By B. Rosie Lerner
Flowering plants that don’t bloom as promised can be a big disappointment in your garden. Reasons for lack of blooming are as diverse as the palette of plants from which to choose, but a little detective work can usually pinpoint the trouble. The most common factors associated with blooming, or lack thereof, include light, plant age, nutrition, extreme temperatures and improper pruning.
Many woody plants must reach a certain age before they are mature enough to produce flowers. Fruit trees, such as apples and pears, can require as many as five or six years to become fruitful. Gingko trees can take up to 15 years to bloom. Add a stressful environment to a juvenile plant, and flowering may be delayed even further.
Plants that are old enough to flower, or have done so in the past, may quit doing so for a variety of reasons. Flowering may be sparse or completely absent when a plant is under stress, so be sure the plant is positioned in an appropriate location for that particular species. For example, some plants flower best in full
sun; others may prefer the cooler conditions found in the shade. Some plants, such as peonies, will flower sparsely or not at all when grown in shade. Similarly, shade-loving plants, such as begonias, will not bloom well in full sun.
Overfeeding plants with nitrogen can encourage them to produce lush foliage at the expense of blossoms. A lack of nutrients, particularly nitrogen, phosphorus and potassium, also may delay flowering. Stick with a balanced, low-analysis fertilizer, such as 12-12-12 or 6-10-4, to apply adequate nutrition without overdoing.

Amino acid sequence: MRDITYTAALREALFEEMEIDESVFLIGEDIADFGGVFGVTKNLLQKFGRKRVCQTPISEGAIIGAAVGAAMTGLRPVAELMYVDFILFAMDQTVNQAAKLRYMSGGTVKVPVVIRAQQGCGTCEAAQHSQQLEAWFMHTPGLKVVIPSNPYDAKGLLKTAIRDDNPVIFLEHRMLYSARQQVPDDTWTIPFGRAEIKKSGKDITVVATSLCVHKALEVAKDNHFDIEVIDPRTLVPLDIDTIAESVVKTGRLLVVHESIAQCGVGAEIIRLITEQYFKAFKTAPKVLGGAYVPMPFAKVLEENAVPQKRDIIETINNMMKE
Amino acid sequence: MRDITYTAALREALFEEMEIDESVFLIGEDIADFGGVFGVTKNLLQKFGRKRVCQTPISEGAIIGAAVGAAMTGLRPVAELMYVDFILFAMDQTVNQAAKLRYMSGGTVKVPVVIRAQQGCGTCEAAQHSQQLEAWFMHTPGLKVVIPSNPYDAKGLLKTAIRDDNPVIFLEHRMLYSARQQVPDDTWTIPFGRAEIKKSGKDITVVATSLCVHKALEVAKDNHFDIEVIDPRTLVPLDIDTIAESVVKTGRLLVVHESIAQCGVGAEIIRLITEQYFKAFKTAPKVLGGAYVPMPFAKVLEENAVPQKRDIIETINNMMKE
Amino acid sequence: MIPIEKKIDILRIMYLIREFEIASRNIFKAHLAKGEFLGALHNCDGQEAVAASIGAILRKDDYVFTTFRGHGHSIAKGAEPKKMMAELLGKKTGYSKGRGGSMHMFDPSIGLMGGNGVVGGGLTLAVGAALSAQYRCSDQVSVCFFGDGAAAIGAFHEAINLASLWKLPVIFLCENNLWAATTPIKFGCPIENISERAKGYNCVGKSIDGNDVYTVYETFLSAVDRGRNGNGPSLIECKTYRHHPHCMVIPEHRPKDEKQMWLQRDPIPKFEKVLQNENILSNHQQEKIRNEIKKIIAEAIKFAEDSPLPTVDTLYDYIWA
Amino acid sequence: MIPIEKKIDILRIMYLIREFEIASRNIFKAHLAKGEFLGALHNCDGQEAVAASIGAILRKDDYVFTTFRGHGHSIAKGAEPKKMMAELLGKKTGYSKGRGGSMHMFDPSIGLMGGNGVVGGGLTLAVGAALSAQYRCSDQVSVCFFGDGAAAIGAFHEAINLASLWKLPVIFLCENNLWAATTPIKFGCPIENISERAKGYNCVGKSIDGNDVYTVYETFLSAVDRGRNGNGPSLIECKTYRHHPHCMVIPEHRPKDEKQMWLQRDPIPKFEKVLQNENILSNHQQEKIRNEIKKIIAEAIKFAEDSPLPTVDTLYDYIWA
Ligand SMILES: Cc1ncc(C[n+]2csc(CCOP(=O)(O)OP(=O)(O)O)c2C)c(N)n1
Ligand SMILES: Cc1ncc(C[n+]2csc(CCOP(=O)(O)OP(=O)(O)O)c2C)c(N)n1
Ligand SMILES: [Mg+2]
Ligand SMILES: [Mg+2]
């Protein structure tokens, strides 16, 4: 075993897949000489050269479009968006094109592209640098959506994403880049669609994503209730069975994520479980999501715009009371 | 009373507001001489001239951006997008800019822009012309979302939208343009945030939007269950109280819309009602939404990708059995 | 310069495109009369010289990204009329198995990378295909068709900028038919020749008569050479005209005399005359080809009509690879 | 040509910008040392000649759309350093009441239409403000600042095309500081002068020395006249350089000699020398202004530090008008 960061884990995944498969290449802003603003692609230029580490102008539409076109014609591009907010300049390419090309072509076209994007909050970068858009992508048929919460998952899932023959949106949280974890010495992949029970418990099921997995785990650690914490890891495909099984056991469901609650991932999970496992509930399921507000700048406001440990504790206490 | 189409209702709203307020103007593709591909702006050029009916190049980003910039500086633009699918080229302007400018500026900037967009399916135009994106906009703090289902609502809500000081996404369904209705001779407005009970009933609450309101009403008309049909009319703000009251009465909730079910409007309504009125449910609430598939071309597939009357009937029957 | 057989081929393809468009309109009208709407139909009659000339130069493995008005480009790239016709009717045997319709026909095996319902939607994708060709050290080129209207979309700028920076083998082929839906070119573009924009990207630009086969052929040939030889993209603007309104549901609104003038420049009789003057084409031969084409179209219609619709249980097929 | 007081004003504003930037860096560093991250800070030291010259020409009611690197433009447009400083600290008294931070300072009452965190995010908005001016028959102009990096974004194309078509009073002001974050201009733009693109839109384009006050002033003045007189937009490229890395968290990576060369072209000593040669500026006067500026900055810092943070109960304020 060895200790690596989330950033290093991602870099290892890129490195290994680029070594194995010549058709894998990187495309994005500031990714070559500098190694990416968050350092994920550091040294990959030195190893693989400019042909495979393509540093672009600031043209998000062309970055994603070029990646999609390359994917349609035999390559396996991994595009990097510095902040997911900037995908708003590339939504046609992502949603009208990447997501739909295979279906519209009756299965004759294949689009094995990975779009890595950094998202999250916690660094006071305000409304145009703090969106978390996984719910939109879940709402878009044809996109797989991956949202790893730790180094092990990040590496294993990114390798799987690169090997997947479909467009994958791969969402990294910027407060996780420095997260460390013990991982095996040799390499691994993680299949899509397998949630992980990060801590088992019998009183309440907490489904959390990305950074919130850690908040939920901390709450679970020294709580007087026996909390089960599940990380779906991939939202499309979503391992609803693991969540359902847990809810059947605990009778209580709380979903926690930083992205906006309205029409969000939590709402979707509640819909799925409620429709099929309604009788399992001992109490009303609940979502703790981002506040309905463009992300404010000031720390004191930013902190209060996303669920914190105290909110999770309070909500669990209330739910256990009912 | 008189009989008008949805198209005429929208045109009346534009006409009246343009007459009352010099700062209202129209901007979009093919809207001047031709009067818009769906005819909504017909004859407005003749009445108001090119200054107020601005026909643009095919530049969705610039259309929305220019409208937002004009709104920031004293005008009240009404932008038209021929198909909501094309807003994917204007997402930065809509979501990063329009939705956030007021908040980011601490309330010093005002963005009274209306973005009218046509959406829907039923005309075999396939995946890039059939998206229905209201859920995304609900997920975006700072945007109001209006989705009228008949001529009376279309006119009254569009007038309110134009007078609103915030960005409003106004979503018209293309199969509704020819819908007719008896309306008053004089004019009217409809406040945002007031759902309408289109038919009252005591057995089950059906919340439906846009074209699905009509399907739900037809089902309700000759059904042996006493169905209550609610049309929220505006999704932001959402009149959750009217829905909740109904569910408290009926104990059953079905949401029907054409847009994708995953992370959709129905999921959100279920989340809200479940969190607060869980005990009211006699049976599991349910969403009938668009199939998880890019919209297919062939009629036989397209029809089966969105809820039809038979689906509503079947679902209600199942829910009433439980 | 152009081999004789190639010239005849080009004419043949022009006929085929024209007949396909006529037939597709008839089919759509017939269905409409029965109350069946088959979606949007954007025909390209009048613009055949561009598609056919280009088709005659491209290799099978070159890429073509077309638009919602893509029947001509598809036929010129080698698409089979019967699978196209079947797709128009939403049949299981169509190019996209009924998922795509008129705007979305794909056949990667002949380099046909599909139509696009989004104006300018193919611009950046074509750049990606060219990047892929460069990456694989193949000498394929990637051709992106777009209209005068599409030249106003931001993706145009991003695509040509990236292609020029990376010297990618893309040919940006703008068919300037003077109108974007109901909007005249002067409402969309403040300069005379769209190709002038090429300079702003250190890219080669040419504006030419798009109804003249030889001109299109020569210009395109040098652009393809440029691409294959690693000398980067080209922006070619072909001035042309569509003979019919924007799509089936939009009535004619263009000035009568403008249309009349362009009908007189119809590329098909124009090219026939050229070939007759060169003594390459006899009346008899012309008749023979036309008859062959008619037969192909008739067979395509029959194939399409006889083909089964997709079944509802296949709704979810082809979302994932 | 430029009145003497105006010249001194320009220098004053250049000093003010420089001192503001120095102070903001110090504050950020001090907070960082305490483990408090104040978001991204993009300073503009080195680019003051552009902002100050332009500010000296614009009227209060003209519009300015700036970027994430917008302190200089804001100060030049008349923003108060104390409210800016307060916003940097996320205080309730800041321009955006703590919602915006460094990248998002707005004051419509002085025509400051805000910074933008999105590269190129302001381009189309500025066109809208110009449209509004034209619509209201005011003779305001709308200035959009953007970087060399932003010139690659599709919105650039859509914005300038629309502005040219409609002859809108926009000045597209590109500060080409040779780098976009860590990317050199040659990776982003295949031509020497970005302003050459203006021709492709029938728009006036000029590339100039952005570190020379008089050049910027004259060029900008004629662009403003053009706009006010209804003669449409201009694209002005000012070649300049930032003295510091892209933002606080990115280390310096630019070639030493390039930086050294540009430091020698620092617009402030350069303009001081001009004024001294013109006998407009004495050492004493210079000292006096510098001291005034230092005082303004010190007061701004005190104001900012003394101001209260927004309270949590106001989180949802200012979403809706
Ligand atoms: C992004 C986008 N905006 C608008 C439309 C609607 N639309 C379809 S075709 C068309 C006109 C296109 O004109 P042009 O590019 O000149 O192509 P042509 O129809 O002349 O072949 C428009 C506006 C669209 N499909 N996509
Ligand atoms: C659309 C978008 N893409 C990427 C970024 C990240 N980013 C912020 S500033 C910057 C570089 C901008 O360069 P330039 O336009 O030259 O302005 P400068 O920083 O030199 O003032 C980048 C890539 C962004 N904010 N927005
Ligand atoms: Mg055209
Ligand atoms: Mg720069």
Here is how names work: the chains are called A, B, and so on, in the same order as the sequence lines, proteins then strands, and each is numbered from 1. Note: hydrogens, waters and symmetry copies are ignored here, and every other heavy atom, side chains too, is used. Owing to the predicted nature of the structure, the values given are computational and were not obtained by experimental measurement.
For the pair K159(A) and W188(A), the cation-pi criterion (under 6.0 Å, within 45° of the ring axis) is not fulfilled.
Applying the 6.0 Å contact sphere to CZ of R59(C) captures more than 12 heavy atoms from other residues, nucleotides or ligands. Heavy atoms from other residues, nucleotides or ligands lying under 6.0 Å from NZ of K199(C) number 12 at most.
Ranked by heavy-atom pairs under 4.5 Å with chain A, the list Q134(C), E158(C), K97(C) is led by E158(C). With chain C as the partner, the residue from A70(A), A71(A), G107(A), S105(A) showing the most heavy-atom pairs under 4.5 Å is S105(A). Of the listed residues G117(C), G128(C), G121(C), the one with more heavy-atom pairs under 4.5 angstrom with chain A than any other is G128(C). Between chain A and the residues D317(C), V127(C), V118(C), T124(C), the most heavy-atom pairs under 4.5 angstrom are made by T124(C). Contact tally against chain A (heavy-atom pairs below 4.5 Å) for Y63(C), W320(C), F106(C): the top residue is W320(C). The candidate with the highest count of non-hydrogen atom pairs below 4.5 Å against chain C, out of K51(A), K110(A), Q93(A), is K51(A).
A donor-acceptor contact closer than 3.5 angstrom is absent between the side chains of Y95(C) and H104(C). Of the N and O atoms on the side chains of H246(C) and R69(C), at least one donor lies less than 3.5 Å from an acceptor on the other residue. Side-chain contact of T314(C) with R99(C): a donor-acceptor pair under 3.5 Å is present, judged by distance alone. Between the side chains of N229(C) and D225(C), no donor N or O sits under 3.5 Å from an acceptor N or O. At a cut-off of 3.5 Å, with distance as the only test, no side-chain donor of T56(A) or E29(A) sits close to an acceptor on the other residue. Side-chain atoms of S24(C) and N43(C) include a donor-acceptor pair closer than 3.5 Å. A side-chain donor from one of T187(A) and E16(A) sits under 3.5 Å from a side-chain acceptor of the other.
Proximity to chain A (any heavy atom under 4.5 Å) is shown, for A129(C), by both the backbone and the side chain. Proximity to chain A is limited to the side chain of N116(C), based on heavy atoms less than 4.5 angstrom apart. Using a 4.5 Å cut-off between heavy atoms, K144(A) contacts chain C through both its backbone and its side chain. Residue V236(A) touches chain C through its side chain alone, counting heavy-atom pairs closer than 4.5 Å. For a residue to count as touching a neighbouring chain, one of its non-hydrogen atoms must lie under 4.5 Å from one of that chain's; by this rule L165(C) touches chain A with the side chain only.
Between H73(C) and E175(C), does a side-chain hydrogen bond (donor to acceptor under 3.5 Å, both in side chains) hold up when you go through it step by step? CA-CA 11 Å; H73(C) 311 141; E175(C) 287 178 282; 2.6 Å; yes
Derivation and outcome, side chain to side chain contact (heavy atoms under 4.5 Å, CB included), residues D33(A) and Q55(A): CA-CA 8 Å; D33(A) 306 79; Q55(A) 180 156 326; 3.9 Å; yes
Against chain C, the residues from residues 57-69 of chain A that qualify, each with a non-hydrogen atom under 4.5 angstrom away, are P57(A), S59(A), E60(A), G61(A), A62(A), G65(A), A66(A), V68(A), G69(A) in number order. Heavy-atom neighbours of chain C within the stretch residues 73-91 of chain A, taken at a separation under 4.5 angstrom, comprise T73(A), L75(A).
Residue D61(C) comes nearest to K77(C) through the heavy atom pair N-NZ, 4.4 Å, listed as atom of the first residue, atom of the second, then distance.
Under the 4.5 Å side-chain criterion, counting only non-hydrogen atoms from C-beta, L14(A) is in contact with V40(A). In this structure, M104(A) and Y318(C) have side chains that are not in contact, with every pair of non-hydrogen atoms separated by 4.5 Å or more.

Some gardeners unknowingly remove flower potential from their plants by pruning at the wrong time of year. Landscape plants that bloom in early spring set their flower buds in autumn on last year’s growth. If you prune these plants in late winter, you’ll also be removing many or all of the flower buds. The rule of thumb is to prune spring-flowering shrubs and vines after blooms have faded.
If you have landscape plants that are not performing up to par, do your homework to find the appropriate requirements, and plan to replace the “duds” with plants that are better adapted to your growing conditions.
Rosie Lerner is the Purdue Extension consumer horticulturist and a consumer of Tipmont REMC. Have a question about gardening? Use the form to send it to us. Or, questions about gardening issues may be sent to: “Ask Rosie,” Electric Consumer, P.O. Box 24517, Indianapolis, IN 46224, or ec@ElectricConsumer.org.